A golden ghetto for the rich and famous

The principality is also trying to erase its image of a golden ghetto for wealthy tax evaders by promoting its real industries. In Monaco, there are no “letterbox” companies. Every new business must go through a rigorous process to be licensed. Most businesses belong to the service sector, with financial services occupying the largest share. They represent 16% of GDP, although this proportion has decreased over the years. Thirty-nine international banks and 51 fiduciary companies manage around 100 million euros in deposits and investments.

Even if it is pampered and protected, the industrial sector represents only 6.2% of the GDP. The state is trying here and there to help the sector a little, for example to compensate for the high real estate prices. “The government is renting this building to us at a preferential rate,” explains Anne-Marie Noir, daughter of one of Asepta’s co-founders and current CEO.

A total of 301 companies were created in Monaco last year, 15% more than in 2011. Attractive tax rates also play a central role here. Companies do not pay business or property tax. Those who earn more than 75% of their income in Monaco do not pay corporation tax. A boon for hoteliers, restaurateurs and traders.

Working in Monaco also has its advantages for employees. The minimum wage is 5% higher than in France. Add to that a 5% “Prince’s Bonus”. For Monaco, it is essential to remain attractive for employees in order to maintain employment growth.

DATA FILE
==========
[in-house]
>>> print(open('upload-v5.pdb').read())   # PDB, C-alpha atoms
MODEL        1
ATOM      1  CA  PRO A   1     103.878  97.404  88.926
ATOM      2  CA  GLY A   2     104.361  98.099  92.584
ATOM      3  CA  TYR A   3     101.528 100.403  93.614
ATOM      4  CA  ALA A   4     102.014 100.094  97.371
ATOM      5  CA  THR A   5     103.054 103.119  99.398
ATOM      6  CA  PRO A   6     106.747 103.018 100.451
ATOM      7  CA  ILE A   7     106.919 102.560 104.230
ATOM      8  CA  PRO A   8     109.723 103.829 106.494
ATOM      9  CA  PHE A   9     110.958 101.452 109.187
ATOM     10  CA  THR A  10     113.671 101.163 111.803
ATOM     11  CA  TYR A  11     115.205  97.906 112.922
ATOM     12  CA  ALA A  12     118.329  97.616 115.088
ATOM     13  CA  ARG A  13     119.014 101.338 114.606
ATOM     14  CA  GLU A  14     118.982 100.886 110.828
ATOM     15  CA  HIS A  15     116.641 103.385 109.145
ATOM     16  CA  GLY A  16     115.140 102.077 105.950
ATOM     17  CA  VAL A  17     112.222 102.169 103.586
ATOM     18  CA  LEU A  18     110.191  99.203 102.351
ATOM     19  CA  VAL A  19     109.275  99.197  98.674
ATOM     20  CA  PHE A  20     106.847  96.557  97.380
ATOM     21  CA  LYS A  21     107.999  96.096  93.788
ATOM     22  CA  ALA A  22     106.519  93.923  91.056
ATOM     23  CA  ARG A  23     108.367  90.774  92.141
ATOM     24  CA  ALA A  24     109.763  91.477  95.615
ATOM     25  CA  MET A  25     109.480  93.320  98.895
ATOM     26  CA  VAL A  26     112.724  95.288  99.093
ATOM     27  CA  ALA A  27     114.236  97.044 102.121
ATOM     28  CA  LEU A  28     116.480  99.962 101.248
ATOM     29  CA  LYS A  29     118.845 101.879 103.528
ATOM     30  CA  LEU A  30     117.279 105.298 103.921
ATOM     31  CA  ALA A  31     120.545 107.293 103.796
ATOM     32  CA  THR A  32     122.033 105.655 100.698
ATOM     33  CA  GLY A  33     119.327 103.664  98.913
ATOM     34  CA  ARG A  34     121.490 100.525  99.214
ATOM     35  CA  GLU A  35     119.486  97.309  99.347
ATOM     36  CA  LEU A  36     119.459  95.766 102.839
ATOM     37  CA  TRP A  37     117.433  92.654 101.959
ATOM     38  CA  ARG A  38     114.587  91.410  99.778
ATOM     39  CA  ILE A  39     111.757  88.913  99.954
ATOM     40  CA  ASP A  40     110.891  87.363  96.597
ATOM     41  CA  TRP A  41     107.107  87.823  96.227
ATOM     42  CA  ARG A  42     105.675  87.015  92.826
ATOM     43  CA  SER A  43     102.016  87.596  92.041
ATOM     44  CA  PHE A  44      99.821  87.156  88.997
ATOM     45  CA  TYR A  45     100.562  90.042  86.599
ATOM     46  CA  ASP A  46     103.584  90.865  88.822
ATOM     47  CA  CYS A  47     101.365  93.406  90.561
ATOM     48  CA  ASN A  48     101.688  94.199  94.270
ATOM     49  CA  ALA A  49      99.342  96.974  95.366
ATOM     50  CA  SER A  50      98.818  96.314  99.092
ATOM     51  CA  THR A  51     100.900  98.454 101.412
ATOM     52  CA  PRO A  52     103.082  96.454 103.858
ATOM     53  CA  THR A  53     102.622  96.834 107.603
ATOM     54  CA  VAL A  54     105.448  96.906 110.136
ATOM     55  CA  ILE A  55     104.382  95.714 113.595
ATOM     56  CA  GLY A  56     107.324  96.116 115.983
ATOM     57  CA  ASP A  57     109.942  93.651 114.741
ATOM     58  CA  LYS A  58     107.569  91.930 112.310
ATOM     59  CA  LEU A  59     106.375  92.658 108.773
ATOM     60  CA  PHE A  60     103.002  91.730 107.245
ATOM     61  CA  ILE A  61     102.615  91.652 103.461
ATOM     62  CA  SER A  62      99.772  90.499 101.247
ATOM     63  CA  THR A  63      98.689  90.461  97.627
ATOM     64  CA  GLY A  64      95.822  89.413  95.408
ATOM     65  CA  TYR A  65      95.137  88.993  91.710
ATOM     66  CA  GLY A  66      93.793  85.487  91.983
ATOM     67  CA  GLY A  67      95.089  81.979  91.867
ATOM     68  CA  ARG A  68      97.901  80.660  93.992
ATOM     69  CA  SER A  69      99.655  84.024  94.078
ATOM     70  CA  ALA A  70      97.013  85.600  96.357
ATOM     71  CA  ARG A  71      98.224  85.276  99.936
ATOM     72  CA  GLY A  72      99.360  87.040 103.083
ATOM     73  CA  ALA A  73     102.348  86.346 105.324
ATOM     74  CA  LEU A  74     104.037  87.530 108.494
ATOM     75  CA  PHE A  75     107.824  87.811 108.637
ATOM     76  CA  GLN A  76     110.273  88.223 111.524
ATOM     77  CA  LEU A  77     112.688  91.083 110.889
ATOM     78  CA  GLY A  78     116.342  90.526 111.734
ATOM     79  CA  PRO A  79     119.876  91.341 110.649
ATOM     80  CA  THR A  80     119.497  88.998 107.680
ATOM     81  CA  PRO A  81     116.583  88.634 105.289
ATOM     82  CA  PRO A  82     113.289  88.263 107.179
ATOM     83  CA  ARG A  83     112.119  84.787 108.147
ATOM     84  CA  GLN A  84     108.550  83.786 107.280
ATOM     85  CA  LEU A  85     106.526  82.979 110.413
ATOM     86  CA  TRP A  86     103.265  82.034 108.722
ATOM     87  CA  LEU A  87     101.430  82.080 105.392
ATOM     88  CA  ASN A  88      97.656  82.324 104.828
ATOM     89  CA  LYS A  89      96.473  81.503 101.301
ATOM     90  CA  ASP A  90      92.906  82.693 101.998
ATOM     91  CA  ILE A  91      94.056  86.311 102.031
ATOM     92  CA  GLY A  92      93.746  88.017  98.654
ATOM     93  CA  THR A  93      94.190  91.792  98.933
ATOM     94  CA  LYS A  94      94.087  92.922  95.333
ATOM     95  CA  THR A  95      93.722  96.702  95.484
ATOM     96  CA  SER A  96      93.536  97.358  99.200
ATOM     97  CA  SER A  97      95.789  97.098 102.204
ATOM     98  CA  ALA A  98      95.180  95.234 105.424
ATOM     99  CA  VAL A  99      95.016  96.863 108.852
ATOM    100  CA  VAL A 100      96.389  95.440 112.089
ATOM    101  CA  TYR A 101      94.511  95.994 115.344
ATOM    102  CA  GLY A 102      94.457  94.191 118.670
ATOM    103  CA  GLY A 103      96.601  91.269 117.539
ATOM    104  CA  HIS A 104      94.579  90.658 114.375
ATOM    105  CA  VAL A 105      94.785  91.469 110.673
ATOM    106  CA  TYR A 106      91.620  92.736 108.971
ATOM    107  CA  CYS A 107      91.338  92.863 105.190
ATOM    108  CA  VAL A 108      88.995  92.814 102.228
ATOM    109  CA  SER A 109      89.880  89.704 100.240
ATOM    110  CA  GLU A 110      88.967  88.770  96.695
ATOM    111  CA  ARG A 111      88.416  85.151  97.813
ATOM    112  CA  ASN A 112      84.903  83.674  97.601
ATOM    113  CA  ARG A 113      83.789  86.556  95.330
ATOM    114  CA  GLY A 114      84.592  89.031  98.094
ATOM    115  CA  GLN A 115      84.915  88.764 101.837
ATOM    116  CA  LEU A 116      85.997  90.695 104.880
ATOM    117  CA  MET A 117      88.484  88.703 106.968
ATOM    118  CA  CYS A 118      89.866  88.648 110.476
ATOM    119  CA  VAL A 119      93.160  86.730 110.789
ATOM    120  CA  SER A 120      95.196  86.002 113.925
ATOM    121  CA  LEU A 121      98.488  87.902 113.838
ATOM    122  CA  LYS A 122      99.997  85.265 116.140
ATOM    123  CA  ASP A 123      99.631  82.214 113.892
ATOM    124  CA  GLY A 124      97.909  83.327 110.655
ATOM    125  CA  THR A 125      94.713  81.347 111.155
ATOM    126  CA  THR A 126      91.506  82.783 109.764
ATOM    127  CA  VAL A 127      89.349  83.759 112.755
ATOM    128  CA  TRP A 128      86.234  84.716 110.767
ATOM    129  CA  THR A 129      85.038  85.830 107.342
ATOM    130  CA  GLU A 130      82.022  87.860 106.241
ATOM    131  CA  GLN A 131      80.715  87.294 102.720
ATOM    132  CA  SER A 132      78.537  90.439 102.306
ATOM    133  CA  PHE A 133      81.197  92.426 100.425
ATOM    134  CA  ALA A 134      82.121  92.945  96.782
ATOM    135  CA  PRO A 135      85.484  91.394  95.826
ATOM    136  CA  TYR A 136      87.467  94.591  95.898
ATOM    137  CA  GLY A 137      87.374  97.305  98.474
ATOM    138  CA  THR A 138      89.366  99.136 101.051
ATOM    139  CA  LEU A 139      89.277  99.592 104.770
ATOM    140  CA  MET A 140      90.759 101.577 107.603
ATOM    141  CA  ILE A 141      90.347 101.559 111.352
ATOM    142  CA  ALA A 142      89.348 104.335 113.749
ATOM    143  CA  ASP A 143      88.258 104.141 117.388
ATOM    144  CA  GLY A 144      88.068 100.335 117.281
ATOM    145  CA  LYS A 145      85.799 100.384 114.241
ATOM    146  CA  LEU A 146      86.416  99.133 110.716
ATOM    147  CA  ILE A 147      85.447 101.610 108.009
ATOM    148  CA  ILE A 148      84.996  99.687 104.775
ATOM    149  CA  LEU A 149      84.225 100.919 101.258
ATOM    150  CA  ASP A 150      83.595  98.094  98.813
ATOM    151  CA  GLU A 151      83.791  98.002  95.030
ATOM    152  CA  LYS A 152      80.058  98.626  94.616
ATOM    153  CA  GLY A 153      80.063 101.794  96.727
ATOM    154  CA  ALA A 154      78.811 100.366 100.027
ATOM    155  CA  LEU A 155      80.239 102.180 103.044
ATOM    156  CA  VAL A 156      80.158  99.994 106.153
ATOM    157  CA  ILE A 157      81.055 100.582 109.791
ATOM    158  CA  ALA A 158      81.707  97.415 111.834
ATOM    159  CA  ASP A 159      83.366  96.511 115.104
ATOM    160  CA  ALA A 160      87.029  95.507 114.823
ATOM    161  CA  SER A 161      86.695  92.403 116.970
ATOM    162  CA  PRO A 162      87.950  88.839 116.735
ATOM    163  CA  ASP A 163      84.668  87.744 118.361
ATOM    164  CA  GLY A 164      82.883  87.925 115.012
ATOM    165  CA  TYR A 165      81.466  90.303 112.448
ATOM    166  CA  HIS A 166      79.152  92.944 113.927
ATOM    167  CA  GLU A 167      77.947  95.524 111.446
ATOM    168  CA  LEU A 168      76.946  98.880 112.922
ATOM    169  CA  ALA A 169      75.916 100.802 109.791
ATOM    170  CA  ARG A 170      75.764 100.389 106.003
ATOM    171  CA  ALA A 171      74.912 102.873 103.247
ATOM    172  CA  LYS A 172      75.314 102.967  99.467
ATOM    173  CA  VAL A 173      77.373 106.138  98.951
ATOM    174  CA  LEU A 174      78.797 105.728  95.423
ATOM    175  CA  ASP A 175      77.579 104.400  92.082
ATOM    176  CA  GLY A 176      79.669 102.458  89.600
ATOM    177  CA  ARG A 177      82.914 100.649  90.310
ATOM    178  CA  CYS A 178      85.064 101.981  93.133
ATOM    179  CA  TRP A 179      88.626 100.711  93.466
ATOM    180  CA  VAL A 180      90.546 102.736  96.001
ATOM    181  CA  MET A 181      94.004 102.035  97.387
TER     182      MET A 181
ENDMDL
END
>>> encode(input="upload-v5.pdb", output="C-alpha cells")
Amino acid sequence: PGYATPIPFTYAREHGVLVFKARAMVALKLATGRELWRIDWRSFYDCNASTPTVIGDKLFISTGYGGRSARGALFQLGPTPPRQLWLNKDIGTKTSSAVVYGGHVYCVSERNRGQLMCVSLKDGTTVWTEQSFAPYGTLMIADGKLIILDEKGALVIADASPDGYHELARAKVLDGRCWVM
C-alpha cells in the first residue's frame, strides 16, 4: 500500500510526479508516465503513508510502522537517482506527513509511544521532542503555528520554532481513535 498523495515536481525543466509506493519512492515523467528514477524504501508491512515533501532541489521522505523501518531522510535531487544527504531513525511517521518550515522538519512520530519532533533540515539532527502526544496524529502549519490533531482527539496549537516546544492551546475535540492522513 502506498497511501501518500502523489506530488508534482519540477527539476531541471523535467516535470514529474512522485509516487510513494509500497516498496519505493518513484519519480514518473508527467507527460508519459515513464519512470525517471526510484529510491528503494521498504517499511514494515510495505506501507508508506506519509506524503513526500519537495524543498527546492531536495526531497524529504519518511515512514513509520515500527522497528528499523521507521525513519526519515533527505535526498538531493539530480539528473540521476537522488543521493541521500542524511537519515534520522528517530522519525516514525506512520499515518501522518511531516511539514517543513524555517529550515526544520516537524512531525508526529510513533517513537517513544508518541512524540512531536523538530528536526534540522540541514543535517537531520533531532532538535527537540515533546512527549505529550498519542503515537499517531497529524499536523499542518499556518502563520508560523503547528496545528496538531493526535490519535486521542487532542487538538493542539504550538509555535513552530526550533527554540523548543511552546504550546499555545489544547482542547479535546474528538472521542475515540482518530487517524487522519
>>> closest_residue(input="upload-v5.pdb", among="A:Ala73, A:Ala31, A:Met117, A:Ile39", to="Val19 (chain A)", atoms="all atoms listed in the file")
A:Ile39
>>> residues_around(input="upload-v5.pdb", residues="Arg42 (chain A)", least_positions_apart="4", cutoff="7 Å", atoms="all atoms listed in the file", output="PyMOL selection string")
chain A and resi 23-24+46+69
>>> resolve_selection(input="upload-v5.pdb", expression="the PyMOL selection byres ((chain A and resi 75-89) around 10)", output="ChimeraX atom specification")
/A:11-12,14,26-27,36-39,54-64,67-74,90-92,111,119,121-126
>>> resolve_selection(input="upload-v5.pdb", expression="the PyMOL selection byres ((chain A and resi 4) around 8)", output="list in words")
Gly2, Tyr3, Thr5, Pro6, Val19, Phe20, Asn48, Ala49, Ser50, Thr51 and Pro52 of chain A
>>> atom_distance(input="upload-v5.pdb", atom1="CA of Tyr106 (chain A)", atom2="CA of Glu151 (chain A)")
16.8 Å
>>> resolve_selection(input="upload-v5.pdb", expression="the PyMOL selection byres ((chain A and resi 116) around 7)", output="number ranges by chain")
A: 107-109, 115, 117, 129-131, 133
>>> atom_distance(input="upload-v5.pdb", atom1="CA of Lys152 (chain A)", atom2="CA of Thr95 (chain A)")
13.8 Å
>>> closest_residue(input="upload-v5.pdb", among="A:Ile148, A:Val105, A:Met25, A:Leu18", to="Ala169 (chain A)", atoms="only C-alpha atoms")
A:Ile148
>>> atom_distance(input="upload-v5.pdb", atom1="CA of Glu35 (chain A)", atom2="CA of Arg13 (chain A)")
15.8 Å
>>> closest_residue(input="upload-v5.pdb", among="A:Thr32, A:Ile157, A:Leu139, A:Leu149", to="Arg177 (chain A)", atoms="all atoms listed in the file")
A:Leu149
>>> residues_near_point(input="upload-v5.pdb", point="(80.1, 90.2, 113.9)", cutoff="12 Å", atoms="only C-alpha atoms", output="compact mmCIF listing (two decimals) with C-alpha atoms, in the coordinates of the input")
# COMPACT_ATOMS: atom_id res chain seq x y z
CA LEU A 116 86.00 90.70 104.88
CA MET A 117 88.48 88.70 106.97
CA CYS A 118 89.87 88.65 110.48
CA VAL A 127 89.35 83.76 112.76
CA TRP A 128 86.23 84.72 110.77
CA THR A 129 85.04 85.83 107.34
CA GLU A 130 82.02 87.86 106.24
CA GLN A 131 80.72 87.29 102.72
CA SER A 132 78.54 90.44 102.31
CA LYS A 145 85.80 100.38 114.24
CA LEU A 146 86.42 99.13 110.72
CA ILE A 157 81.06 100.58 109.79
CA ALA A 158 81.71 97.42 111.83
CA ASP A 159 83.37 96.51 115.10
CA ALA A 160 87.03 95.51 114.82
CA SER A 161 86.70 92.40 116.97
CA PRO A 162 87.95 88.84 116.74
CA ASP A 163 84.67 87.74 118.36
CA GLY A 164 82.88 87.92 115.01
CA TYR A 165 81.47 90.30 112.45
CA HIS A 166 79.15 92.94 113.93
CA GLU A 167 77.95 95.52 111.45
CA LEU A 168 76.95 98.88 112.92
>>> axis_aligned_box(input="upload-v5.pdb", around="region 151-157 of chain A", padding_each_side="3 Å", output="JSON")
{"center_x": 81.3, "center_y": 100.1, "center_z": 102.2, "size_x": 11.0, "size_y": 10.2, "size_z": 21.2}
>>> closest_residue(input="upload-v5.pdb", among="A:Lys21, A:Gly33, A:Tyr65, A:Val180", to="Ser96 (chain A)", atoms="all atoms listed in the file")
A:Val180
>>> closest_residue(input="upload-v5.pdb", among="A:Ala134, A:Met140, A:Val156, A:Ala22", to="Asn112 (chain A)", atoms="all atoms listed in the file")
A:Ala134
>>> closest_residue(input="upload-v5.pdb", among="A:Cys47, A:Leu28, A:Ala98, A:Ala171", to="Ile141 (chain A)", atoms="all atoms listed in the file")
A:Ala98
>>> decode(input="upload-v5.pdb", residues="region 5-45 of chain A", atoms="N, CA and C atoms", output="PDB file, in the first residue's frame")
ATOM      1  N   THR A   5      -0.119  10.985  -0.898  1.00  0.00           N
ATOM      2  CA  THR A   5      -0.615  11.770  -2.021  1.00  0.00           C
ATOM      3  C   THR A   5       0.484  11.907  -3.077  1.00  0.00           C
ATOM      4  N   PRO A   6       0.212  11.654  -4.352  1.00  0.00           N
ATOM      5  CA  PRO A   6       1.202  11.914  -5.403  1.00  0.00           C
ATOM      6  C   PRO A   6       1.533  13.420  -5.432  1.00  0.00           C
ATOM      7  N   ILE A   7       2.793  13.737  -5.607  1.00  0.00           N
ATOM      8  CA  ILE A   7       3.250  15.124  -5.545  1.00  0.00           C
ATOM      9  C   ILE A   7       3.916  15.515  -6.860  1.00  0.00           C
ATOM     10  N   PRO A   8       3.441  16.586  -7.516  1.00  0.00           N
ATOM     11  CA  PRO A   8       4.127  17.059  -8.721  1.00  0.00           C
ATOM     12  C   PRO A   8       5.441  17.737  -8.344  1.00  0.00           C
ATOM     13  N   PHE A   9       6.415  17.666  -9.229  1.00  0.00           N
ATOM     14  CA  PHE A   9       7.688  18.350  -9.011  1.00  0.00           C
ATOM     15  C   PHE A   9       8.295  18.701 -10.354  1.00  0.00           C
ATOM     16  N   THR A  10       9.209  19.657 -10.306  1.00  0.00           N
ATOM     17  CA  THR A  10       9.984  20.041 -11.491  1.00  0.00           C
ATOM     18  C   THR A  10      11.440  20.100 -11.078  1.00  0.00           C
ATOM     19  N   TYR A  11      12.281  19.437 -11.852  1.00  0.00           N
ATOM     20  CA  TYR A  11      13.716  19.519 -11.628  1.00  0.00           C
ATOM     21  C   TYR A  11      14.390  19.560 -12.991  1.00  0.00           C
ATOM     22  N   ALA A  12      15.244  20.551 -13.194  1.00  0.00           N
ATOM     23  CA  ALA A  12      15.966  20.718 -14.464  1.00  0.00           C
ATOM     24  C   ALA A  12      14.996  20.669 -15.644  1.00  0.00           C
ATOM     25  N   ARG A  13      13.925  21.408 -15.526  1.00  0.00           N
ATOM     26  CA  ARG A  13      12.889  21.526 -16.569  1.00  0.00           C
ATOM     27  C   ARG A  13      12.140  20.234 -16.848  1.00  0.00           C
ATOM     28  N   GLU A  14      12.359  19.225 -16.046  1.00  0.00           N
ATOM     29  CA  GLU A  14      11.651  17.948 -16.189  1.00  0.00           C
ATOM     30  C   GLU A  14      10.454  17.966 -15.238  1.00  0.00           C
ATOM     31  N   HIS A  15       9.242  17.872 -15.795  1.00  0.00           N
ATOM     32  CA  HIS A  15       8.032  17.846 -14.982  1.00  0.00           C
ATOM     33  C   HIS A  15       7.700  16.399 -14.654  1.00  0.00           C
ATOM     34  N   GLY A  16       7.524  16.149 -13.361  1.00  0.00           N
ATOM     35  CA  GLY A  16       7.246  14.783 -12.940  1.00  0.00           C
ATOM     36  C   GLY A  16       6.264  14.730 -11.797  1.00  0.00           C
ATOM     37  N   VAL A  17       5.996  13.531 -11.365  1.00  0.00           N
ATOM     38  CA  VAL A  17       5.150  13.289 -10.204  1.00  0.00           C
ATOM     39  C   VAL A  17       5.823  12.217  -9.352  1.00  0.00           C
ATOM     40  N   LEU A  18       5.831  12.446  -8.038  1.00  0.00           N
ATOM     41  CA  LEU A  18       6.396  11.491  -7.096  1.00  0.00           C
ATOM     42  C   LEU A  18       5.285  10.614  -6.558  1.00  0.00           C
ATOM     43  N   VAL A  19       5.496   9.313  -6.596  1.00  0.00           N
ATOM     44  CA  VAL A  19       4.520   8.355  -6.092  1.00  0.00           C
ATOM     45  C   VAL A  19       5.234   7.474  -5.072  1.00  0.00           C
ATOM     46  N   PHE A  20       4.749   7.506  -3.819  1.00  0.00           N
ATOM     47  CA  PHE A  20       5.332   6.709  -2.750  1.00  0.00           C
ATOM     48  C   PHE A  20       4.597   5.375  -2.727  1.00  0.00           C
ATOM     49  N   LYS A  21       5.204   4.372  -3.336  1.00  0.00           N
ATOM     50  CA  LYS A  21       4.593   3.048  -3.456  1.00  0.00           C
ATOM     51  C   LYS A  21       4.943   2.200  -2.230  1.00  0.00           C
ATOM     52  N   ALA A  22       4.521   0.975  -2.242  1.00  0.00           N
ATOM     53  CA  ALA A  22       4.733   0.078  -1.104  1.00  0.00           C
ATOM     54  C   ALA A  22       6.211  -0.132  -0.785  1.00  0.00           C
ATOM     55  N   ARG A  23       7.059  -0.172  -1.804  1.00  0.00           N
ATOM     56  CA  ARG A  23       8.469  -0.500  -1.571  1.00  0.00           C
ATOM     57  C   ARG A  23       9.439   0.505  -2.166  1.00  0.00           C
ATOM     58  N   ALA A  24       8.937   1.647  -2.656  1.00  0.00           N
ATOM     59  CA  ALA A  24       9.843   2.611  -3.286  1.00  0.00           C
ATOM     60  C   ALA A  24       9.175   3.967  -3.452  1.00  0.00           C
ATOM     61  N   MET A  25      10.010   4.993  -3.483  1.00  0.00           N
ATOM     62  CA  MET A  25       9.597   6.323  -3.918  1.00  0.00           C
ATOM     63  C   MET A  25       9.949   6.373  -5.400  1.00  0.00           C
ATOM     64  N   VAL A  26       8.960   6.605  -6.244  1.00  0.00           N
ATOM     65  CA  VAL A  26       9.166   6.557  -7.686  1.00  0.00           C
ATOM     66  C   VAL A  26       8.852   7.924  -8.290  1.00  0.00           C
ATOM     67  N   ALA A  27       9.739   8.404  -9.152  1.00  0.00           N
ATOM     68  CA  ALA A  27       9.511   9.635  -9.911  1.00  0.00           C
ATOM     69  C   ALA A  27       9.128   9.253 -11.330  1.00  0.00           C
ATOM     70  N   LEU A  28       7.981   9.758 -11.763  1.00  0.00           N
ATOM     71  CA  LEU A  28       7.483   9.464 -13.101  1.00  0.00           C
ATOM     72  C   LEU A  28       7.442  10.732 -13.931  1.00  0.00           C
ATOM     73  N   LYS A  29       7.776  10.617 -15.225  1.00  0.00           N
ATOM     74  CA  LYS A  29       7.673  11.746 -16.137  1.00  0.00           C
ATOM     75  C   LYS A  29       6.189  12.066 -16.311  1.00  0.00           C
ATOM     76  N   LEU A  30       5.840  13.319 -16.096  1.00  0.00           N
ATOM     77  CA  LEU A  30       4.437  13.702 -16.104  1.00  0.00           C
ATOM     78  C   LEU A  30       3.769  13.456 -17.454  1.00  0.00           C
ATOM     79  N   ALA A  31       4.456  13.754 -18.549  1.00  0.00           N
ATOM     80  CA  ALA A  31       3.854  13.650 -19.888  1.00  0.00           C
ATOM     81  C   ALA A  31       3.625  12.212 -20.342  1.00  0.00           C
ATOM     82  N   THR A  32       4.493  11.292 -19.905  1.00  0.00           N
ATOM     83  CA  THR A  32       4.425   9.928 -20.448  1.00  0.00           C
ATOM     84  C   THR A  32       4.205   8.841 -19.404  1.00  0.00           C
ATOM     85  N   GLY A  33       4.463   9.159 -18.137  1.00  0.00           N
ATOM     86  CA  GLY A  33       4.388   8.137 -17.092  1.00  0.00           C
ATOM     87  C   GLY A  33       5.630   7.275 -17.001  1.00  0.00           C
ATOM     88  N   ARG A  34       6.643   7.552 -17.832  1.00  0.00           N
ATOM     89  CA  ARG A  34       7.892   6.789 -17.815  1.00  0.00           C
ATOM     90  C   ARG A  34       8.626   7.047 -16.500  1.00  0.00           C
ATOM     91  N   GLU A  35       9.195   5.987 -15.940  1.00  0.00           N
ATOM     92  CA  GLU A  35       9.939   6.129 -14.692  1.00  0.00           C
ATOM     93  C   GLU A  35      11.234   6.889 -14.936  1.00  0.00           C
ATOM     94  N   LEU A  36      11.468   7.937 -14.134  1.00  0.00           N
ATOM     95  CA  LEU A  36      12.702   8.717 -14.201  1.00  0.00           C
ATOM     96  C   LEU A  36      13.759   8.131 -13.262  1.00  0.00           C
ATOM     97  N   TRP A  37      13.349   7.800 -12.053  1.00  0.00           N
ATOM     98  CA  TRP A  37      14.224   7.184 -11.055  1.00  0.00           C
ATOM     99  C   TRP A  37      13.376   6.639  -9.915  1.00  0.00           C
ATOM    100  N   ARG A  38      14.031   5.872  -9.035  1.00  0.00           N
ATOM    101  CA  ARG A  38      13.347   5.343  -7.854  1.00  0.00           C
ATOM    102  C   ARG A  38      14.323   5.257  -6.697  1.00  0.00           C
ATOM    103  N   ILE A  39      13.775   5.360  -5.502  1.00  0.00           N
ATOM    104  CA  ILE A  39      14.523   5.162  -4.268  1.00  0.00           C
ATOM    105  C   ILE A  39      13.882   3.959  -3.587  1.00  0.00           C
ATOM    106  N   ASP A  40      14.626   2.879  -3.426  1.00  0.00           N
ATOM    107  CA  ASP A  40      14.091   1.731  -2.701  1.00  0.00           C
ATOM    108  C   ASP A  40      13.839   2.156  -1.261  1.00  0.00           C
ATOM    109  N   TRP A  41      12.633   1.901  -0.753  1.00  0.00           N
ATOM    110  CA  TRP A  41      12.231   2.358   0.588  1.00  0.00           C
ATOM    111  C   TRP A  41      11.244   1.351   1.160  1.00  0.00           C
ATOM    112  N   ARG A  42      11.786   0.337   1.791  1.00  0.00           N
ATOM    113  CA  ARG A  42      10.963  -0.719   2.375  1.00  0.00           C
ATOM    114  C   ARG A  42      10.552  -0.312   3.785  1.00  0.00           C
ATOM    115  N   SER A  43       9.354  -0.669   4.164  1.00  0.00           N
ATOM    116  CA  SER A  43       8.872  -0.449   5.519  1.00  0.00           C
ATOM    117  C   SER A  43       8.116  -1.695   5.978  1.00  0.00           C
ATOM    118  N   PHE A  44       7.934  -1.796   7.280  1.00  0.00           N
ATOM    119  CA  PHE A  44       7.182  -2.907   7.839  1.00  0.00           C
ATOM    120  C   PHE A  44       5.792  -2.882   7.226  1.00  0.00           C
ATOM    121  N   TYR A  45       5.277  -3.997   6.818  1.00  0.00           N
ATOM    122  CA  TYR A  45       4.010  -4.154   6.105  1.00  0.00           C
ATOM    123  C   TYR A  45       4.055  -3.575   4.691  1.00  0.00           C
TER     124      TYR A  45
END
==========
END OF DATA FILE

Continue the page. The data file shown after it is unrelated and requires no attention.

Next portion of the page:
If the principality aspires to become more transparent, it still hides certain things in the shadows. For example, he still hasn’t signed TIEAs with the UK or Italy. As there are approximately 6,500 Italians residing in Monaco, this represents a loss of tax revenue of up to one billion euros per year for Italy.

The principality has also negotiated derogations allowing foreign nationals with accounts in Monaco to remain anonymous if they wish.

But today the pressure is mounting on Monaco. World powers have launched a new war on tax evasion. At their recent meeting in Northern Ireland, the G8 members agreed on an automatic exchange of information for tax purposes. The exact terms of this will have to be defined by the powers that be, warn NGOs like Transparency International. Monaco will be forced to respect these new rules. “Of course, we are not opposed to these decisions if they represent the new international standard for the exchange of information”, declared Jean Castelleni, Minister of Finance of Monaco.

The situation of the principality has become a little more delicate. In May, Austria and Luxembourg announced that they would abandon banking secrecy if Switzerland, San Marino, Liechtenstein, Andorra… and Monaco did the same. “For the moment, nothing indicates that Monaco will respect the automatic exchange of information”, specifies Saint-Amans.

But in the long term, if it wants its name to be permanently removed from the “black list”, the tiny nation will have to adapt to the new standards.